Quirky Question #288: Zika in the Workplace?

Question: We have been flooded with coverage of Zika, from the Rio Olympics to the recent travel restrictions in Miami As an employer, I want to be prepared and proactive to protect my employees, but I am also concerned about overreacting. I understand there are many reported cases of Zika, but only six cases where the individual actually became infected with the virus by a mosquito bite in the United States. I want my company to take prudent measures, but also not to panic and cause my employees to unnecessarily fear for their wellbeing. What can (and should) I do to protect my employees? Also, are there any state or federal employment law obligations implicated by a potential Zika outbreak that I should be aware of?

Answer: By Rebecca Bernhard and Steve Curry


Rebecca Bernhard

Rebecca Bernhard

Steven W. Curry

Steven W. Curry

Striking the right balance in your company’s reaction to Zika can be tricky, but there are some principles to follow, based on experience with past health issues. Zika is the latest in a line of serious medical conditions that have generated substantial media coverage and instilled fear among the general public. For example, we previously answered a similar question related to the Ebola outbreak. Like those other diseases, the World Health Organization has characterized Zika as an outbreak and emergency.

But every disease has unique aspects. Unlike Ebola and some other prior emergencies, the most serious health concerns with Zika are not for those first infected by the virus, but rather unborn children of infected parents. An adult who contracts Zika often has only mild symptoms (sometimes no symptoms at all). The bigger risks are birth defects to the unborn children of a woman who contracts Zika while pregnant. Zika is transmitted primarily by mosquitos, but can also be passed from human-to-human through contact with infected bodily fluids, including sexual contact.

Due to the extensive coverage of Zika and the serious health concerns for those who may have children, employers are wise to consider how they will address any problems associated with the Zika virus. In general, workers who are exposed to mosquitos while on the job or the blood or other bodily fluids of infected individuals may be at risk for acquiring Zika while working. The first step to consider would be informing employees of the risks of Zika, its symptoms, and simple preventative health measures that help to stop the spread of all diseases, including avoiding contact with bodily fluids of those that are ill, washing hands, and avoiding touching eyes, nose, or mouth. With few reports of Zika spread by mosquitos in the United States, employers can focus more on preventative measures to limit the potential spread through exposure to bodily fluids.

Employers should also consider some of the legal concerns the Zika threat might implicate. An employee’s own infection—to the extent it does not relate to the infection of their child—is not likely a “severe health condition” under the Family Medical Leave Act (FMLA), because the symptoms for an adult are usually mild. But that doesn’t mean you can ignore the FMLA altogether. An infection affecting a fetus (and time required to care for the child after birth) may qualify as a “severe health condition” under the FMLA. Thus, an employee who must care for a family member who is infected is entitled to leave under the FMLA. As a reminder, FMLA leave does not need be paid, and federal law does not prohibit employers from requiring that employees use paid leave contemporaneously with any FMLA leave.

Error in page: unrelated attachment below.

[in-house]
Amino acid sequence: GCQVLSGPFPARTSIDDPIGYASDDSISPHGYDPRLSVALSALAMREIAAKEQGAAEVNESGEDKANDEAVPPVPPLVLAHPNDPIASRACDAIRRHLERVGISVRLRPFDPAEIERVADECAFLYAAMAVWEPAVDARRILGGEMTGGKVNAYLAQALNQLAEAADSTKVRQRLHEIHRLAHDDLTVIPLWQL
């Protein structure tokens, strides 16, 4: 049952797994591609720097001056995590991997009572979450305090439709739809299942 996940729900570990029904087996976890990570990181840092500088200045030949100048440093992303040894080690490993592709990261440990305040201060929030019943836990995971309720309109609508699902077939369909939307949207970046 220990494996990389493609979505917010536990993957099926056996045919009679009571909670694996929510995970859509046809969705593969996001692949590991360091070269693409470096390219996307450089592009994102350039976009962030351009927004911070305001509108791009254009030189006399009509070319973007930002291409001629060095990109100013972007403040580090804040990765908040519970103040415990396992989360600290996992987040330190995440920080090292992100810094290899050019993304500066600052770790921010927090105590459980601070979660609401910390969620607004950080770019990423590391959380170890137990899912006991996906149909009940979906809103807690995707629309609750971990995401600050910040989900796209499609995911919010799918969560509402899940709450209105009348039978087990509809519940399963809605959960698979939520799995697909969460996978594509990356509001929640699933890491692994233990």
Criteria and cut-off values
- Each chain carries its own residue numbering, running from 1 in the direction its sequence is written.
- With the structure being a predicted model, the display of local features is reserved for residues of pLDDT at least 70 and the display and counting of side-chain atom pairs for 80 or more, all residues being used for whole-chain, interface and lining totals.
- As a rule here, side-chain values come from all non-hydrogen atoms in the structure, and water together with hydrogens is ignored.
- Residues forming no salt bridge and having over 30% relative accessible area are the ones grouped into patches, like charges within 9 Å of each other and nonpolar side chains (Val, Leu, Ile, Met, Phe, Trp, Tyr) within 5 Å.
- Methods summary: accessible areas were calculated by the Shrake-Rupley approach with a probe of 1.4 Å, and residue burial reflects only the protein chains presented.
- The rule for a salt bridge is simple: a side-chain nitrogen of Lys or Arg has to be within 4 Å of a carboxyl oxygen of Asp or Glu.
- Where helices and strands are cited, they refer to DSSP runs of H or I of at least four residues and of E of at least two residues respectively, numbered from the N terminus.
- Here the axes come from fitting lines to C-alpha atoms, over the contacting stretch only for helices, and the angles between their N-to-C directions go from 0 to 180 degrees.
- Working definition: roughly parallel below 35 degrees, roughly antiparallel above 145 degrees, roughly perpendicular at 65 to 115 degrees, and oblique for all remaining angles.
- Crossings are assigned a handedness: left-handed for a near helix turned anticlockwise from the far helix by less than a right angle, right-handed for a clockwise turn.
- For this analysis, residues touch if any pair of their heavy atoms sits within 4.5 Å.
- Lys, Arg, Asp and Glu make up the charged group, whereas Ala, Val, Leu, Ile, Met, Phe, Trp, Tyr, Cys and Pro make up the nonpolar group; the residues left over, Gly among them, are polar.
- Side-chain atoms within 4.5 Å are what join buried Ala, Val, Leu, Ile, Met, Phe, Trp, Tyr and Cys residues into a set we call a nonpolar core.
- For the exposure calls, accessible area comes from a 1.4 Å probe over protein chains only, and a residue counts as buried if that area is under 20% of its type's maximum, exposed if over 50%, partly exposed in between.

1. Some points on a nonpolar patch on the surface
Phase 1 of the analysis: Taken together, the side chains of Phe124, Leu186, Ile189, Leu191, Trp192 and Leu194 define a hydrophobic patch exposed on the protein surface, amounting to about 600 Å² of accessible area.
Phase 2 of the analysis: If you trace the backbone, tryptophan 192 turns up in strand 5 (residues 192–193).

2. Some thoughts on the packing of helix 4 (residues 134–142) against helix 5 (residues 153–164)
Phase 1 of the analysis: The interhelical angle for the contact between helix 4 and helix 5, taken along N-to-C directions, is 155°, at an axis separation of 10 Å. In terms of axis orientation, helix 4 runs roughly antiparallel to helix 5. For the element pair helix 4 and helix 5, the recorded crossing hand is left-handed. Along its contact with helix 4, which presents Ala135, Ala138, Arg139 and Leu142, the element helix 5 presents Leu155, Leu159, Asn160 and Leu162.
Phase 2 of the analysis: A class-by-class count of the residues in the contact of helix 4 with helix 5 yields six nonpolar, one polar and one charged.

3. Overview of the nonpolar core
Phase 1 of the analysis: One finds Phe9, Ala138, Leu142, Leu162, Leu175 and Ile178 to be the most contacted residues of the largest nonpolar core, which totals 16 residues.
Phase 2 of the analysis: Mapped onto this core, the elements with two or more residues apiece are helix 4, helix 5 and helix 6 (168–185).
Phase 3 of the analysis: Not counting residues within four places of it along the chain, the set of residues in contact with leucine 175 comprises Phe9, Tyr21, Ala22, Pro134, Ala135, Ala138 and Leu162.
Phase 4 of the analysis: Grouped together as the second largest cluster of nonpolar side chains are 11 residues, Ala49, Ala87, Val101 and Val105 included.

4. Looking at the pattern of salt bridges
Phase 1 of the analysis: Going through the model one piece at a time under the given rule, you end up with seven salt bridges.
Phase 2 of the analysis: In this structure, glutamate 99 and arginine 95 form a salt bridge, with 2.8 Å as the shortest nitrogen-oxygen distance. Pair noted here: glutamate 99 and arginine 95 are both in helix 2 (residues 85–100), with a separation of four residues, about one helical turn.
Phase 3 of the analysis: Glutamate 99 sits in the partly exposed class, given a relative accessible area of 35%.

We sometimes receive questions regarding whether an employee is entitled to refuse to come to work due to a concern about illness and, conversely, whether an employer can prohibit a sick, or suspected sick, employee from showing up for work (these questions are most common during flu season). Under the Occupational Safety and Health Act (“OSHA”), an employee may refuse to work due to safety concerns at the workplace, as long as those concerns are reasonable. At this point, concerns about contracting Zika are probably not reasonable concerns that would allow an employee to refuse to come to work, except for employees involved in very specific travel. Currently, the Centers for Disease Control and Prevention (CDC) recommends that all people who have traveled to areas where Zika is locally acquired monitor their symptoms and avoid unprotected sexual contact for a 28-day period. The CDC has identified only one area in the United States (the Wynwood neighborhood of Miami, Florida) where Zika is locally acquired. Outside of this area, an employee’s concerns of contracting Zika while on the job are relatively minimal, considering the easy prevention of unsafe exposure to bodily fluids. It may be advisable for employers to request that any employee who has traveled to a Zika-affected area work from home or take a paid leave of absence for the duration of the 7-day during which Zika can be passed from an infected person to another mosquito.

While employers can discourage travel to, and inquire whether employees have recently returned from, Zika-affected areas, employers cannot forbid travel to these areas. When discouraging travel or inquiring into travel history, employers need to be aware of federal and state discrimination laws. Any policy regarding Zika should be applied uniformly. For example, employers should ensure employees who have ties to South America are not unlawfully questioned with respect to their exposure or their family members’ exposure to the Zika virus.

Dorsey & Whitney

Dorsey is a business law firm, applying a business perspective to clients' needs. We make it our first priority to know the context in which you do business - your market, your competitors, your industry.

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